That is the question posed by resident Jim Caldwell, who addressed Farragut Board of Mayor and Aldermen last Thursday, June 13, near the end of its regular meeting.
He brought a cut-out copy of a June 13 farragutpress Presstalk, in which an anonymous resident had related her experience with renewing her driver’s license, saying she was told the Town of Farragut was not recognized as a separate entity by U.S. Department of Homeland Security.
Caldwell said the issue was “troubling” to him.
“Does the Town have an identity as far as the federal government is concerned?” Caldwell said. “Someone went to get a new driver’s license, and the Department of Homeland Security does not legally recognize the Town.
“I live in Farragut,” he continued. “Not Knoxville or Concord. I live in the Town of Farragut.”
However, “The issue of the ZIP code does not mean we are not recognized by state or federal goverments,” a Town press release stated Tuesday afternoon, June 18.
Caldwell said he had moved to the area from Charlotte, North Carolina, and “I chose Farragut because of what it offered.
“This is something that has bothered me a great deal,” he added. “So when you get your driver’s license, they will not let you put the Town of Farragut on it, and we can’t do that again?
“Something needs to be done. I wanted to bring it to your attention. Maybe we could get a ZIP code that represents Farragut, and not Knoxville.
“The Town was organized and approved by the state of Tennessee, but it still is Knoxville? I don’t know where I live.”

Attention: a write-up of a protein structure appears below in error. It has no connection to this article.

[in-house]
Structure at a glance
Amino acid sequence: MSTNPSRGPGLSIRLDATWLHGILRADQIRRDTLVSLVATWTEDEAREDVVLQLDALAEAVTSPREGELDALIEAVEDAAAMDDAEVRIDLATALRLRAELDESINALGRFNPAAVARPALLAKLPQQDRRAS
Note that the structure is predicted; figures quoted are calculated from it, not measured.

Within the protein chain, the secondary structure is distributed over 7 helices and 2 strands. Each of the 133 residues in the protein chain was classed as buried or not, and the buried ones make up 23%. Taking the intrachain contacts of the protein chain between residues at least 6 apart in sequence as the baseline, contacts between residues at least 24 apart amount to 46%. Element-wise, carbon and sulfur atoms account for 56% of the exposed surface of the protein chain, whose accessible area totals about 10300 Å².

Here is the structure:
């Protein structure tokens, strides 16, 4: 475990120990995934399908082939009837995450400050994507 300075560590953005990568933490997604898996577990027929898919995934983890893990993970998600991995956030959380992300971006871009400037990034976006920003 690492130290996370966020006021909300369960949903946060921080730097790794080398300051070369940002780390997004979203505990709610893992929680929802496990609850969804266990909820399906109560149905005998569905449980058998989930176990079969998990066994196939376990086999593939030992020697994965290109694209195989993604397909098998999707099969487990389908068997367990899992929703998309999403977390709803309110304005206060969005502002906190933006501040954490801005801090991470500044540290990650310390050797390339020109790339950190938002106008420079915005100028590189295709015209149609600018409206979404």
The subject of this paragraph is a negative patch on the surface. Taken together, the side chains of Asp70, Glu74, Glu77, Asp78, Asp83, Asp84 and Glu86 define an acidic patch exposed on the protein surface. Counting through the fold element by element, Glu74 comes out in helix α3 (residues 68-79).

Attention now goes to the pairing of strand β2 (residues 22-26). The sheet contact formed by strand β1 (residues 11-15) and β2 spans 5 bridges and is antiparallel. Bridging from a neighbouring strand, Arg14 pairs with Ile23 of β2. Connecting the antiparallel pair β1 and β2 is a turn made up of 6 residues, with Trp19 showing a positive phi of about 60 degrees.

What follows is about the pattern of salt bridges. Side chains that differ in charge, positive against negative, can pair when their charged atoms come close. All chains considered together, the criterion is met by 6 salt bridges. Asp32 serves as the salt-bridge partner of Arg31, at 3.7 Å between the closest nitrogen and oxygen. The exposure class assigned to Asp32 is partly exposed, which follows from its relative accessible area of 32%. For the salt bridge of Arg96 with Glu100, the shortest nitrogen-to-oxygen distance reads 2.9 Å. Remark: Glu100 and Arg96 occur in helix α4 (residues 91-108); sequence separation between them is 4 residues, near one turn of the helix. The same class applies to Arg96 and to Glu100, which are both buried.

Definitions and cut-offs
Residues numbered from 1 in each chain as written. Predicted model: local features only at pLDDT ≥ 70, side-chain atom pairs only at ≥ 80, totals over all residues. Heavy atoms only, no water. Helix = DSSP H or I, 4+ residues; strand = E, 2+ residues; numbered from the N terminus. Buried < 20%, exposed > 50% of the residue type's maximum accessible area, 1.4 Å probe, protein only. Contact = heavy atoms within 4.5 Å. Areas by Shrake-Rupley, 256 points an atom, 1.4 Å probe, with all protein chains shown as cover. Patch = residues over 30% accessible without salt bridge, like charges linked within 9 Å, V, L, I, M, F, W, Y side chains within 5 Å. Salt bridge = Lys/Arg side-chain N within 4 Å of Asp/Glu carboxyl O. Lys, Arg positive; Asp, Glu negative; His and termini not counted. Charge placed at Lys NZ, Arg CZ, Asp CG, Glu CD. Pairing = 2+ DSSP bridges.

Alderman Scott Meyer said it was the first he had heard of the issue.
“What would be the next steps?” Meyer asked. “If we can’t use Farragut anymore, what can we do?”
“I would suggest starting at the state level,” Town administrator David Smoak said. “It seems it may have started over the last 30 to 45 days that you are no longer allowed to (use Farragut on your license).”
While nothing was decided by BOMA on how, or if, to pursue the matter, Mayor Ron Williams said in a follow-up e-mail he plans to talk to U.S. Rep. Tim Burchett (R--2nd District) about this issue since the U.S. Department of Homeland Security is involved.
In other business, BOMA:
• Voted unanimously to adopt on second and final reading the annual Town General Fund, State Street Aid Fund, Capital Investment Fund, Equipment Replacement Fund and Insurance Fund budgets for Fiscal Year 2020.
The only changes from the first to the second reading were the following increased expenditures: $5,000 for splash pad feature replacement; $80,000 for building codes software Smoak said would not be invoiced until the new fiscal year, reducing the current year’s estimate but increasing the new year’s estimate; and a $14,500 increase in street sweeping costs.
A revenue increase of $80,355 from building permit revenues also was included in the new budget documents.
• Approved a $536,285 agreement with Homestead Land Holdings, the developer for Brookmere Subdivision, for construction of a planned roundabout on Virtue Road at the neighborhood’s planned entrance.
The Town had entered into a cost-share agreement with Homestead Land Holdings in 2018, to construct Virtue Road improvements, and the roundabout project is an amendment to the original agreement.
Once begun, the project is to be completed within 60 days. The portion of Virtue Road between Sugarwood and Vista subdivisions would be closed to through traffic during construction.
Russ Rackley of Rackley Engineering, who is working with Homestead on this project, told the Board he expects to finish before school begins in August.
• Approved on first reading an ordinance prohibiting short-term rentals in the Town of Farragut, despite a plea from Jennifer Roach of the Knoxville Association of Realtors.